Saturday, 28 October 2017 01:09

DXC to open Australian digital transformation centres

DXC to open Australian digital transformation centres Image courtesy of Stuart Miles at

US-based global IT services company DXC Technology is planning to open Digital Transformation Centres in Australia designed to provide local clients with the ability to apply the latest digital design and innovation in their digital transformation work.

The plans announced by DXC on Friday include two new initial centres — one in Canberra and the other in Melbourne — to be opened in the first half of 2018.

In Canberra, the centre will partner with the Australian National University (ANU), with a focus on education, research and innovation contributing to Australia’s digital agenda.

And in Melbourne the centre is planned to be located at Swinburne University of Technology, an industry-engaged university working with an extensive network on finding innovative research led solutions to the challenges posed by digital transformation across a range of sectors and businesses.

DXC says its goal is to showcase a new and evolving approach for local clients to re-skill their workforce and deliver digital solutions by drawing on the company’s global experience in digital transformations – and by creating an environment for the incubation of ideas, learning and innovative solutions.

The new centres are based on similar models launched by DXC Technology in the UK and Belgium, which DXC says are aimed to spark new conversations with local clients about digital transformation by offering:

  •          End-to-end digital services from ideation and change through to development and ongoing evolution, to accelerate large enterprise clients on their unique transformational journeys;
  •          A collaborative, engaging environment focused on generating rapid outcomes and return on investment; and
  •          An outside-in approach to capacity-based staffing to deliver outcomes quicker, grow in-house capabilities and foster innovation.

DXC says the centres will provide clients continual access to advisory services, present new and effective ways of working, and help clients design and develop digital solutions to solve business challenges.

And it says basing the first two Digital Transformation Centres in Canberra and Melbourne “uniquely co-located with universities”, allows for collaborative research between industry and academia, and the creation a new talent pool of students who will aim to support the evolving needs of workforces and communities as they prepare for a digital future.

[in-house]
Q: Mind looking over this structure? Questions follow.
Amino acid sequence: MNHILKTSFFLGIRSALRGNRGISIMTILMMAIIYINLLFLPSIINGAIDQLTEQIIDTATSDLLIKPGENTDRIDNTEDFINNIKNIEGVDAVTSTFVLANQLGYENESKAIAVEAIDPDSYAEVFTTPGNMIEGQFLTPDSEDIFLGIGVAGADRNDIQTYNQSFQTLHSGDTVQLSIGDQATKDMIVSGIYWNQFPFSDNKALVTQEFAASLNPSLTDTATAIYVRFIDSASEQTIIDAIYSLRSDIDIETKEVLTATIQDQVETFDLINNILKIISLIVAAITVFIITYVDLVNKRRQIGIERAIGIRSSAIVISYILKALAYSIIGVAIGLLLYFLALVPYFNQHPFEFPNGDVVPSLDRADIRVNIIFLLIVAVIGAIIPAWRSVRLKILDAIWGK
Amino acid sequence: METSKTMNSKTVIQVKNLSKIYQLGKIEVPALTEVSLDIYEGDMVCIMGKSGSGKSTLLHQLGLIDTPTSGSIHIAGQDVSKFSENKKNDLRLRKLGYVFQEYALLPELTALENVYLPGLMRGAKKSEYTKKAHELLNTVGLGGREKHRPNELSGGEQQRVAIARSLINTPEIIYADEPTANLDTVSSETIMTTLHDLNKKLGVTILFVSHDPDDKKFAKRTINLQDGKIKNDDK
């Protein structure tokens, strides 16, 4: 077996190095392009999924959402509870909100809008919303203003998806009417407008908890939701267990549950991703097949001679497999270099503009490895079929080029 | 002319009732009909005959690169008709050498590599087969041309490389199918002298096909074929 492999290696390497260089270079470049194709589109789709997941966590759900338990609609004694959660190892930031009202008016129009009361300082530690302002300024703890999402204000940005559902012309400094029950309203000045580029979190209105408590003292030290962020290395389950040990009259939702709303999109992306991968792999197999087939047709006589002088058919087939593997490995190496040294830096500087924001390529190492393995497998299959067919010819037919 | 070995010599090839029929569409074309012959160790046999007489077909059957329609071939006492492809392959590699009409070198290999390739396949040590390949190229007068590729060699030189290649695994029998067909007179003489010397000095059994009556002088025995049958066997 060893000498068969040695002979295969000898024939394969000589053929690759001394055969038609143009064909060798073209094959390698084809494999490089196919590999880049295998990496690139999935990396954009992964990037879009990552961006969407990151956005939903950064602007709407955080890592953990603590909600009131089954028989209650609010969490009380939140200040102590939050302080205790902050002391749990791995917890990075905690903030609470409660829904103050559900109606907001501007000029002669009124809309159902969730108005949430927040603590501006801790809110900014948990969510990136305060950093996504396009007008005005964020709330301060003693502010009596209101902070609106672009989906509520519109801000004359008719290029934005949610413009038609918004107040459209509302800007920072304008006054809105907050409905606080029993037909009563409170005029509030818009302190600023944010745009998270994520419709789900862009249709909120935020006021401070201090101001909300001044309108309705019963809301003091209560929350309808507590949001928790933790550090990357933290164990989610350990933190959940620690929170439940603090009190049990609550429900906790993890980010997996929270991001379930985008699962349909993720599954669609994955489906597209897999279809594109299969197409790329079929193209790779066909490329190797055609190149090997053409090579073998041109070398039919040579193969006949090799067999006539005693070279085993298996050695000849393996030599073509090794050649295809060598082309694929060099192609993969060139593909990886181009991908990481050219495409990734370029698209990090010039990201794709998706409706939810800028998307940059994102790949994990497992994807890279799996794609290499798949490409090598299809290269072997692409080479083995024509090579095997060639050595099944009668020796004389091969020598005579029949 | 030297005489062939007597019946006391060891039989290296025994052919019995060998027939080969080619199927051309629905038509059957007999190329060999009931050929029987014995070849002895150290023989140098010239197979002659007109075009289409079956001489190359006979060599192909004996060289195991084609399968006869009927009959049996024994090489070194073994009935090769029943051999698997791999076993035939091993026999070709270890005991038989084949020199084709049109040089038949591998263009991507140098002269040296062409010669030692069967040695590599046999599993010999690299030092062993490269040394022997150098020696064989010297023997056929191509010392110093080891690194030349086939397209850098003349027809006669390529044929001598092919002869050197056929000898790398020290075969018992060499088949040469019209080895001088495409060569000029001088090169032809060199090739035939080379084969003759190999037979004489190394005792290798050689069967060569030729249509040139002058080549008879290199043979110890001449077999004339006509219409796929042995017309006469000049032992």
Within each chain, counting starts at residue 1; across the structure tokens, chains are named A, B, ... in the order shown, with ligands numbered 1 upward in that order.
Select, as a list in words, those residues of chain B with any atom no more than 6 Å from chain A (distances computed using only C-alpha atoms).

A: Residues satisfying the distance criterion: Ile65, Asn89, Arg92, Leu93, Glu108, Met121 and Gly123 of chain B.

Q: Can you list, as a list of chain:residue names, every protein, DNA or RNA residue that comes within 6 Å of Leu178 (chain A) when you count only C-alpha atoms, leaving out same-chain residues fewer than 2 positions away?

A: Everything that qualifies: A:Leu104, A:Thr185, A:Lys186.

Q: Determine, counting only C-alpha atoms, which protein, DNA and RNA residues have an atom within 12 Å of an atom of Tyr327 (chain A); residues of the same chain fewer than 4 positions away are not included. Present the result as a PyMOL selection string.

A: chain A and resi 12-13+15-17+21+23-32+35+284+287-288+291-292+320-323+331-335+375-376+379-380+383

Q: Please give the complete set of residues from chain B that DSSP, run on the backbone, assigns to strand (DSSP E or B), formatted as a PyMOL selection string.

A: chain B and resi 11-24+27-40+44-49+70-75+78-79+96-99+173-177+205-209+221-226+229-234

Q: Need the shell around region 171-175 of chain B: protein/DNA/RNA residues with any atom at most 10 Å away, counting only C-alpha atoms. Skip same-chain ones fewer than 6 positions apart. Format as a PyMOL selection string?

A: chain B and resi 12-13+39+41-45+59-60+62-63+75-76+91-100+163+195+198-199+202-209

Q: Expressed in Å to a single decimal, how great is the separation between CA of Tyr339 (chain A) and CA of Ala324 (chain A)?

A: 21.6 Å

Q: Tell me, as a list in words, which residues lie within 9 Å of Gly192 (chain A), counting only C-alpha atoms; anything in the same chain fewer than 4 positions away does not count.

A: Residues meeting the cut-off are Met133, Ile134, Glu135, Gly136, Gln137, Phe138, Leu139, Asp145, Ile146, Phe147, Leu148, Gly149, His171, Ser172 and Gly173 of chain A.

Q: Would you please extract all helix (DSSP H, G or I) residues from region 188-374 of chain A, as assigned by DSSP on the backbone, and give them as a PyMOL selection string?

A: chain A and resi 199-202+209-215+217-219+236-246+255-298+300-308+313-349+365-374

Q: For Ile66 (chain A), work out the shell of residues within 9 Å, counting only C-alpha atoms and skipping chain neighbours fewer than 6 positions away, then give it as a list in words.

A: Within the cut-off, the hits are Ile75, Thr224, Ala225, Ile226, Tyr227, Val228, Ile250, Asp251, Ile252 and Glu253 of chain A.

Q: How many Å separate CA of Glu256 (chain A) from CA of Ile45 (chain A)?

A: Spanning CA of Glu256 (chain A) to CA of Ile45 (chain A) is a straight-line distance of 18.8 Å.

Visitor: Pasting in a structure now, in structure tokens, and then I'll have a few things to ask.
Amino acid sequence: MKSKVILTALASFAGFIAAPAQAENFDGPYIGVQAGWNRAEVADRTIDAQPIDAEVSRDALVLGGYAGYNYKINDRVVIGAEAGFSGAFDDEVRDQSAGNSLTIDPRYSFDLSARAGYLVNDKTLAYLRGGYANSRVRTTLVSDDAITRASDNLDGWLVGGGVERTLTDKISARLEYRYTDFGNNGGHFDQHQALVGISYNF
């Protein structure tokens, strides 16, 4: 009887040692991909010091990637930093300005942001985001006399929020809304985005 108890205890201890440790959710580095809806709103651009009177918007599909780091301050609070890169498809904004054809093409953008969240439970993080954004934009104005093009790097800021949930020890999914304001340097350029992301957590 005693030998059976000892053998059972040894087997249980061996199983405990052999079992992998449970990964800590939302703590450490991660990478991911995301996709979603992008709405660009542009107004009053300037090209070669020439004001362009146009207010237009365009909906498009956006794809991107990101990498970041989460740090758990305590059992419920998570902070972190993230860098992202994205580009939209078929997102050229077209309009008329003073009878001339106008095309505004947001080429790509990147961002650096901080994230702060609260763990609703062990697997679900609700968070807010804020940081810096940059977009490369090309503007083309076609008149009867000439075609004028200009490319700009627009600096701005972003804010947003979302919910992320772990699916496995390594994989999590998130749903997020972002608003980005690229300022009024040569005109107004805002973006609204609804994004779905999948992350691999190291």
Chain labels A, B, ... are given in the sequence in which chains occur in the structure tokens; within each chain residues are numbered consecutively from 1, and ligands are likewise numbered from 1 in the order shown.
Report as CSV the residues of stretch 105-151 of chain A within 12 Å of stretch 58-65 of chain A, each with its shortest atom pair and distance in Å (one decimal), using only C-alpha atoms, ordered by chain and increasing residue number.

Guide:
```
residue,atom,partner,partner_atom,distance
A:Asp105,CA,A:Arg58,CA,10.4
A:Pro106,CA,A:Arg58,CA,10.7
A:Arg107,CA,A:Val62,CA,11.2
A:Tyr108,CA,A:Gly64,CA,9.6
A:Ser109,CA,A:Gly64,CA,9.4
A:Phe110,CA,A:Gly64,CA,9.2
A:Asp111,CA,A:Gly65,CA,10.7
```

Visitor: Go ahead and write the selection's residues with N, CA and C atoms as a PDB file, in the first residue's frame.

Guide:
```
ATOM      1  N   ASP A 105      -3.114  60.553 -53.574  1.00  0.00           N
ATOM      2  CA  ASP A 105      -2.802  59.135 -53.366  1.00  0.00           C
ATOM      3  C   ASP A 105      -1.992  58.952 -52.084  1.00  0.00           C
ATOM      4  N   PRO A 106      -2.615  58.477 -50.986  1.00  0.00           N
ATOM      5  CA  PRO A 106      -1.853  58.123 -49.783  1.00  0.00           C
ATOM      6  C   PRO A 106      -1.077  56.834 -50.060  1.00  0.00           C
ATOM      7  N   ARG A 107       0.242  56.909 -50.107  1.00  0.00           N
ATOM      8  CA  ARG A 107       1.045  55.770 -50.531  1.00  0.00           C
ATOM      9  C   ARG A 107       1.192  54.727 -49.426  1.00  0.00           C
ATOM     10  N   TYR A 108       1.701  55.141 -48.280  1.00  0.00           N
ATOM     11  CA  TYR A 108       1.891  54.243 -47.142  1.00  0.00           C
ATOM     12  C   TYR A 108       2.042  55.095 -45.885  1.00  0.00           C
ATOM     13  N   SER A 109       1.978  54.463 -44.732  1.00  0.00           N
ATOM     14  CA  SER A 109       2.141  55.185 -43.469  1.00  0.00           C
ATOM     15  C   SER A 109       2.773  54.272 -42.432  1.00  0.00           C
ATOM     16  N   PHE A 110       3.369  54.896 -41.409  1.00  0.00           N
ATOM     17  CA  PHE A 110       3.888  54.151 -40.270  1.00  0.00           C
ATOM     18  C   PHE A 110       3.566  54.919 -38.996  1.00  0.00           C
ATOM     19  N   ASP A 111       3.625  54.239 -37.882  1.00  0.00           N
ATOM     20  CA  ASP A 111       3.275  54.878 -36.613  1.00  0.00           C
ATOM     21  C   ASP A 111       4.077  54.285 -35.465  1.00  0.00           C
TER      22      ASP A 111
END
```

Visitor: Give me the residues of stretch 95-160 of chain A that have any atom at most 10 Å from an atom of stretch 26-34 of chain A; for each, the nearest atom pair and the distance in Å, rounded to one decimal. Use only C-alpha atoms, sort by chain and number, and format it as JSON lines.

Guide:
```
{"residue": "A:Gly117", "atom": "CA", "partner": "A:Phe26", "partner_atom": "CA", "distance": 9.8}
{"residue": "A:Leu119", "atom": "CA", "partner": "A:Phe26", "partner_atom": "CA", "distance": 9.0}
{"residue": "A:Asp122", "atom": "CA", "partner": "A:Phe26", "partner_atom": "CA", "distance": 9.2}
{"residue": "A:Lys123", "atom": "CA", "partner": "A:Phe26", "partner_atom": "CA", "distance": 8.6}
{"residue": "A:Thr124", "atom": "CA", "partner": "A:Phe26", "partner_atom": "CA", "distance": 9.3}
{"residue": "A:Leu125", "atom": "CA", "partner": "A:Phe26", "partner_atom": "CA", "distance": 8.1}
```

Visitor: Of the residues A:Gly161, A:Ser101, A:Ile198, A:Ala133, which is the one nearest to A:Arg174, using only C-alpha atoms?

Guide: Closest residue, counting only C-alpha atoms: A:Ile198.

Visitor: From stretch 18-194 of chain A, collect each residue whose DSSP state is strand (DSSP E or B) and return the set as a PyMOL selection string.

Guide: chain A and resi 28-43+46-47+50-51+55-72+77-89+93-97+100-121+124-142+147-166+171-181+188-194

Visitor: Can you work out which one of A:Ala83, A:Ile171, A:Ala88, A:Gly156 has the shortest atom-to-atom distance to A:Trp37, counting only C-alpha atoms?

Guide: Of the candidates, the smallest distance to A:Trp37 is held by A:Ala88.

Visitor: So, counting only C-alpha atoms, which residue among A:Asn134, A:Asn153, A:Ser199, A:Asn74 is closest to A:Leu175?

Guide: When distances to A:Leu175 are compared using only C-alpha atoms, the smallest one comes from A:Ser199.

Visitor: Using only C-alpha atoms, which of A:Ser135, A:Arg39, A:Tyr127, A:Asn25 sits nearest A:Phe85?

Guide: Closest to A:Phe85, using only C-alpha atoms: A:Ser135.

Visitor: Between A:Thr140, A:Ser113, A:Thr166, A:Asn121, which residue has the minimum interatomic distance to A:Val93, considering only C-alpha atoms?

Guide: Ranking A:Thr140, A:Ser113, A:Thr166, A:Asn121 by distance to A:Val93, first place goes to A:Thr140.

The foundation industry partners for the centre in Canberra include, Gulanga, Canberra Data Centres and Microsoft.

The Melbourne centre will also give students opportunities to join researchers and industry partners on projects through Swinburne’s professional degrees, work placements, internships and industry-linked projects.

“The DXC Digital Transformation Centres will aim to advance digital innovation and deliver economic and social impact outcomes to Australia,” said Mike Lawrie, chairman, president and chief executive officer of DXC Technology.

“This unique offering in the Australian market draws on collaborative minds and home-grown partnerships across industry, academia, community and government, and fosters a new culture of innovation in a digital world.”  

Assistant Minister for Digital Transformation, Angus Taylor, said the new centres would support the federal government’s digital transformation agenda across the public and private sectors.

“Initiatives such as these support our efforts by driving agility and innovation among Australian businesses, service providers and government agencies, as we become more mobile, connected and reliant on technology than ever before.”    


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Peter Dinham

Peter Dinham is a co-founder of iTWire and a 35-year veteran journalist and corporate communications consultant. He has worked as a journalist in all forms of media – newspapers/magazines, radio, television, press agency and now, online – including with the Canberra Times, The Examiner (Tasmania), the ABC and AAP-Reuters. As a freelance journalist he also had articles published in Australian and overseas magazines. He worked in the corporate communications/public relations sector, in-house with an airline, and as a senior executive in Australia of the world’s largest communications consultancy, Burson-Marsteller. He also ran his own communications consultancy and was a co-founder in Australia of the global photographic agency, the Image Bank (now Getty Images).



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